The gap is questioned because the data used

The 20th century brought changes, and largely questioned, thousands of years of patriarchy. It was so deeply rooted that many scholars considered it a part of human nature (Iversen and Rosenbluth, 2011). Male dominance has meant that women have always had fewer chances in life. It was, and still is, present in different cultures and levels of economic development (Iversen and Rosenbluth, 2011). As such, this short essay concentrates on the gender wage gap as one of many factors contributing to gender inequality; examining just a couple of the possible explanations for this phenomenon.

The existence of the wage gap is questioned because the data used to calculate the difference exhibits restrictions and limitations (Weichselbaumer and Winter-Ebmer, 2005). Despite this, it is difficult to deny the presence of occupational segregation (Brunette, 2011), the glass ceiling effect (Arulampalam, Booth and Bryan, 2007), and the family model (Wheelock, 1990), when it comes to the difference in pay between genders. Therefore, apart from legal framework leading to gender equality, we need to revolutionise perspectives and stereotypes regarding the roles of men and women in society, and their involvement within families. (Wheelock, 1990)

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Occupational Segregation, amongst other things, has an impact upon the female salary deficit (Brunette, 2011). Females have a tendency to dominate lower paid professions, such as personal care or education, whereas men occupy higher paid positions – even within the same occupational sector. In the health care industry, for example, women largely dominate the nursing profession.  Men within this industry often occupy higher hierarchical positions, like that of surgeon or doctor, with a greater scale of income (Annandale and Hunt, 2008). This pattern can be attributed to the six dimensions of gender stereotypic facets: masculine physical, feminine physical, masculine personality, feminine personality, masculine cognitive, and feminine cognitive (Cejka and Eagly, 1999). The pattern can also be explained through labelling theory (Farrington and Murray, 2014).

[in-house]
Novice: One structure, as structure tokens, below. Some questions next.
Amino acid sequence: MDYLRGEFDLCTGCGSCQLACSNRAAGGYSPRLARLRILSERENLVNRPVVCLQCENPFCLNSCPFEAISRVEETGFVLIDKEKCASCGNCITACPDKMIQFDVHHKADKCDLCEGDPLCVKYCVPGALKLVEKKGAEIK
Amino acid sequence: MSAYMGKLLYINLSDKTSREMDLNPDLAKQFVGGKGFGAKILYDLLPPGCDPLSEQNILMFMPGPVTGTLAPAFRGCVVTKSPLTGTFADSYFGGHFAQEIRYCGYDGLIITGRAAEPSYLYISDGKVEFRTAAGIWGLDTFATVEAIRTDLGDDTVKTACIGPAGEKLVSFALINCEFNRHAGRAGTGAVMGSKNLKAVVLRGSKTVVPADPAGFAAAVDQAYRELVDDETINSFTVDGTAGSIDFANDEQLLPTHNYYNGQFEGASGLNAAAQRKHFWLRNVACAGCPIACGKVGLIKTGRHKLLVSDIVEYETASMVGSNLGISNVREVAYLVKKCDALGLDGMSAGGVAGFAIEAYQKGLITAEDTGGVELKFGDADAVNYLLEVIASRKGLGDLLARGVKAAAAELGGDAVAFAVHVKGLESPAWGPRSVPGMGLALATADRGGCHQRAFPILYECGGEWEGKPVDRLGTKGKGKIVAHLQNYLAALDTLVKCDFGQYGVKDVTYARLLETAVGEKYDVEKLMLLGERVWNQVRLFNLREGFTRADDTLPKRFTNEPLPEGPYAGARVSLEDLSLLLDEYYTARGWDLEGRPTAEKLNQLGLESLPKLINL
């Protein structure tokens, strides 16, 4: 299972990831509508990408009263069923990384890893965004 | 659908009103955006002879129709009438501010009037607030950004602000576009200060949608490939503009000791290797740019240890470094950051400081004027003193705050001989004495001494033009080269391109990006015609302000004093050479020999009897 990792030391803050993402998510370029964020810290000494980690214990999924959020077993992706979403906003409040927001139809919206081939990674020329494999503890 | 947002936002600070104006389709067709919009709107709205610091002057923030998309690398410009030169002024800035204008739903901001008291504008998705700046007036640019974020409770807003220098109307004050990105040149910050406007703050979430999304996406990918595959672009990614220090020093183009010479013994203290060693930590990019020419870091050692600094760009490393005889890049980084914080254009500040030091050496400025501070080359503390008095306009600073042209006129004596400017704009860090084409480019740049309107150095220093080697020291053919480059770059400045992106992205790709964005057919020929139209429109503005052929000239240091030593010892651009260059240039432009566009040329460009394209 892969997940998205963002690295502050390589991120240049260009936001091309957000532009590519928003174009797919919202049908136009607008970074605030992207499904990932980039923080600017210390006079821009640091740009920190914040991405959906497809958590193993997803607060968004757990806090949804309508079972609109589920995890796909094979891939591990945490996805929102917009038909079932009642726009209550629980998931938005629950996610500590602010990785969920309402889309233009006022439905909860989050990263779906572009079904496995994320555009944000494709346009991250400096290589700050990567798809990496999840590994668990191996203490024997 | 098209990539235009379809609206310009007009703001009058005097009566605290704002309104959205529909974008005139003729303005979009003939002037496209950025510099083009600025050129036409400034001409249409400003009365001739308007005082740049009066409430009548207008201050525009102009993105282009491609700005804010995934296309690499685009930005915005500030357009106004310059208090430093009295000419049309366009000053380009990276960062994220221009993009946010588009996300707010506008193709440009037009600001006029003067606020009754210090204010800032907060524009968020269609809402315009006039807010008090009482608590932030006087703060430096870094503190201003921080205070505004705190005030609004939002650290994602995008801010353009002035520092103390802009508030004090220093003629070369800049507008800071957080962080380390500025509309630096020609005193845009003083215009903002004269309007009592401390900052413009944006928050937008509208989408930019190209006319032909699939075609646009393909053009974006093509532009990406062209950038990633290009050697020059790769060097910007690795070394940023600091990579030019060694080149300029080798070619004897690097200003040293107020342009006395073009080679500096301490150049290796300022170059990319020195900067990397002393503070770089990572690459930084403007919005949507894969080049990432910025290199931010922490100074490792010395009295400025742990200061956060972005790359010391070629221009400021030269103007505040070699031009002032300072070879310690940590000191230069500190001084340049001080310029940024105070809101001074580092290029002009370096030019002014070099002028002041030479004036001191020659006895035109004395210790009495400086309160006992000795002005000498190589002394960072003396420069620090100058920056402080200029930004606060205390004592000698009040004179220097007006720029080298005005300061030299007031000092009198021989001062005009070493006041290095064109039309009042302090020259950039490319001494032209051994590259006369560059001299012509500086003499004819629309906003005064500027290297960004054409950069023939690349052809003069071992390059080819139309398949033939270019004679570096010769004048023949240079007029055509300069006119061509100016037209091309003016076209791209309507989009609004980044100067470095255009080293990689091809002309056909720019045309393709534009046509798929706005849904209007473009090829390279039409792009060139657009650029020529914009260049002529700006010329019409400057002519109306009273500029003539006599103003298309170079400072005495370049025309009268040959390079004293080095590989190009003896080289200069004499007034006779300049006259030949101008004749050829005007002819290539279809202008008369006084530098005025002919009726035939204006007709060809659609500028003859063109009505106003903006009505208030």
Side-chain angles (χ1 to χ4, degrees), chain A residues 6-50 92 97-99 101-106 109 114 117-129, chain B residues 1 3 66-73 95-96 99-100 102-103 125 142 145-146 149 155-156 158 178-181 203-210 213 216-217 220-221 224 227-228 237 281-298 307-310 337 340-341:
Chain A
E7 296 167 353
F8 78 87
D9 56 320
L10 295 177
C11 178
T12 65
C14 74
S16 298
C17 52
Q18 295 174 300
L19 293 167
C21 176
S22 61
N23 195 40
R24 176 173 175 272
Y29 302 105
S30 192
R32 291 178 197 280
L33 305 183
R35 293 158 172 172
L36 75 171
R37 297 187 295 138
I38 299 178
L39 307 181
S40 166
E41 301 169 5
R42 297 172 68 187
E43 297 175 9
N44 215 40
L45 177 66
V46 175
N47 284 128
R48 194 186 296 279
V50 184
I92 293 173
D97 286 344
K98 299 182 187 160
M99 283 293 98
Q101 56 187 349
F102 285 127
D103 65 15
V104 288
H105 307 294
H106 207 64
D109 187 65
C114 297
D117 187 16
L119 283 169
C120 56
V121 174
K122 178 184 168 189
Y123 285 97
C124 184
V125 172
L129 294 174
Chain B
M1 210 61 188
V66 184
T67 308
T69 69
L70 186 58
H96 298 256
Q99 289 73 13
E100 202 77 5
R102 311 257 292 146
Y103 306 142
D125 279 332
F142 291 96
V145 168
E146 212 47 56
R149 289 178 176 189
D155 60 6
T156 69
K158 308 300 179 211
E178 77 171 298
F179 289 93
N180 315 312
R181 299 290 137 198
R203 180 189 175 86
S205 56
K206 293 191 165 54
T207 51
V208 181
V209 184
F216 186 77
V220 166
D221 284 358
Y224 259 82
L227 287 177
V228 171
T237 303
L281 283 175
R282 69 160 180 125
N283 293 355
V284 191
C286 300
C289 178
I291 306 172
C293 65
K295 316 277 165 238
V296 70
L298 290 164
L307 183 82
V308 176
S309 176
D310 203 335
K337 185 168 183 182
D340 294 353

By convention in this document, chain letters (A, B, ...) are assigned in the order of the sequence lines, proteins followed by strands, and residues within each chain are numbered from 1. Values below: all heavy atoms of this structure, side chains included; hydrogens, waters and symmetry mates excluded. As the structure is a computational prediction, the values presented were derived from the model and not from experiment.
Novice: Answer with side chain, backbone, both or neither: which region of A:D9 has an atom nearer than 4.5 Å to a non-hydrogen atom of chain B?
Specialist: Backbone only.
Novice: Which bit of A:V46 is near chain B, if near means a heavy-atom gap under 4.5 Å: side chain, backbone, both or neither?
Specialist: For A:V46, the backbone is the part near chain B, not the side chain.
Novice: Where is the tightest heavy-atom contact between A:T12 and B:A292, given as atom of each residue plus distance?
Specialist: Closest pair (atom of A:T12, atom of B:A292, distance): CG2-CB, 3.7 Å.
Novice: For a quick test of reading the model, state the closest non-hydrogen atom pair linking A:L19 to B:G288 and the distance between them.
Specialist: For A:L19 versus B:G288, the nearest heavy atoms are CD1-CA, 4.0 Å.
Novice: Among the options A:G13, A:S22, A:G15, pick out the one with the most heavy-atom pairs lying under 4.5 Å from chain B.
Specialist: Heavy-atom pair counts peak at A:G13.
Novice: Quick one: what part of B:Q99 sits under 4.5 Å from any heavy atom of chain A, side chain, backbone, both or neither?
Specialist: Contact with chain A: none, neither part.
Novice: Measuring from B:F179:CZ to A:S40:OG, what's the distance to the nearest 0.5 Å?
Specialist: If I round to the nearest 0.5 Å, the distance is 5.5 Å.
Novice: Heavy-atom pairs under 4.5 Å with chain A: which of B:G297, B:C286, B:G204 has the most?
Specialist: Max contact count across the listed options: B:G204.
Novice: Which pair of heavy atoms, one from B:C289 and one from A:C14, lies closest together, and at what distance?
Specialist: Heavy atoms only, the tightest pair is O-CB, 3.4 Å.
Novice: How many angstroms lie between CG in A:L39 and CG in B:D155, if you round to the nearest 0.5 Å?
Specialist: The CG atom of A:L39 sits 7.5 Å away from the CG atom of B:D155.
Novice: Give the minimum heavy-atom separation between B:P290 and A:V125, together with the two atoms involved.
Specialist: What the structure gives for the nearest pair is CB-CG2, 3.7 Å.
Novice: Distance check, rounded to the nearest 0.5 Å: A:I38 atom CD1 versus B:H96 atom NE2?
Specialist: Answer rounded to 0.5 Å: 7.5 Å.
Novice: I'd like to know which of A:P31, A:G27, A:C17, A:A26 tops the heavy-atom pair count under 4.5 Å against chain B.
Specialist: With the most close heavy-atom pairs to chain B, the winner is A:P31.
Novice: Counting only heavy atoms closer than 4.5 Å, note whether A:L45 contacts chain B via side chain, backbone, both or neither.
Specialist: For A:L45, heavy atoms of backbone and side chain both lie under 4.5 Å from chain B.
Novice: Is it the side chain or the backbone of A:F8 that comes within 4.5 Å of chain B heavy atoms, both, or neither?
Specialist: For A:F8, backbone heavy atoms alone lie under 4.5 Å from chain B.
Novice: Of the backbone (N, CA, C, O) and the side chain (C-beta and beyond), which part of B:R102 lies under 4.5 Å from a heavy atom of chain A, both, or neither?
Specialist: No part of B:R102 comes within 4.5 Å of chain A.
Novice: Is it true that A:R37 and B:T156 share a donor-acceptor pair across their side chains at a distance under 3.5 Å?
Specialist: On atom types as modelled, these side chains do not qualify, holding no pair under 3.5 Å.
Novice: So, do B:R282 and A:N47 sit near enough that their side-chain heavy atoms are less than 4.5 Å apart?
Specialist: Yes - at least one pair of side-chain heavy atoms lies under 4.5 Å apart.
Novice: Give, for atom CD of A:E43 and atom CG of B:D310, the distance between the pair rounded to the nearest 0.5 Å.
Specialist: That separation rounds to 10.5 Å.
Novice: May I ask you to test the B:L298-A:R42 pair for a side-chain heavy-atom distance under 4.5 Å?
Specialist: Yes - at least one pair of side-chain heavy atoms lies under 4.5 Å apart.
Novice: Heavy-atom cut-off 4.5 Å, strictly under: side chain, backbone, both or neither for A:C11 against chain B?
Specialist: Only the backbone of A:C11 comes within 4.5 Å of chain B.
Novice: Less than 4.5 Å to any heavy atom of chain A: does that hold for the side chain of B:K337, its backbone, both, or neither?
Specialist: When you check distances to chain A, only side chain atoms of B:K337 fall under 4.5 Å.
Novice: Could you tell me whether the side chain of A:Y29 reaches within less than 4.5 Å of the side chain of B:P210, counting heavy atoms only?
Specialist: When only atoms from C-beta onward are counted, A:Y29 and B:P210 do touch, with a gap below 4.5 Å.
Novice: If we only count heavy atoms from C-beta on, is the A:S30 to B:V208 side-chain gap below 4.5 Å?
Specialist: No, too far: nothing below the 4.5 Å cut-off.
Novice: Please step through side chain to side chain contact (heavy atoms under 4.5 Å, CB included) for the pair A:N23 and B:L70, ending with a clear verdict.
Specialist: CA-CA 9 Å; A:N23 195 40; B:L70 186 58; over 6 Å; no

Women are perceived as: caring, attached, and communal – they are therefore more suited to lower paid positions in administration, public relations, and human resources.  In contrast, men are seen as ambitious, self-reliant, materialistic, and competitive. These qualities lend themselves to roles such as: CEO, jobs within the banking industry, and managerial positions. (Rudman and Phelan, 2008).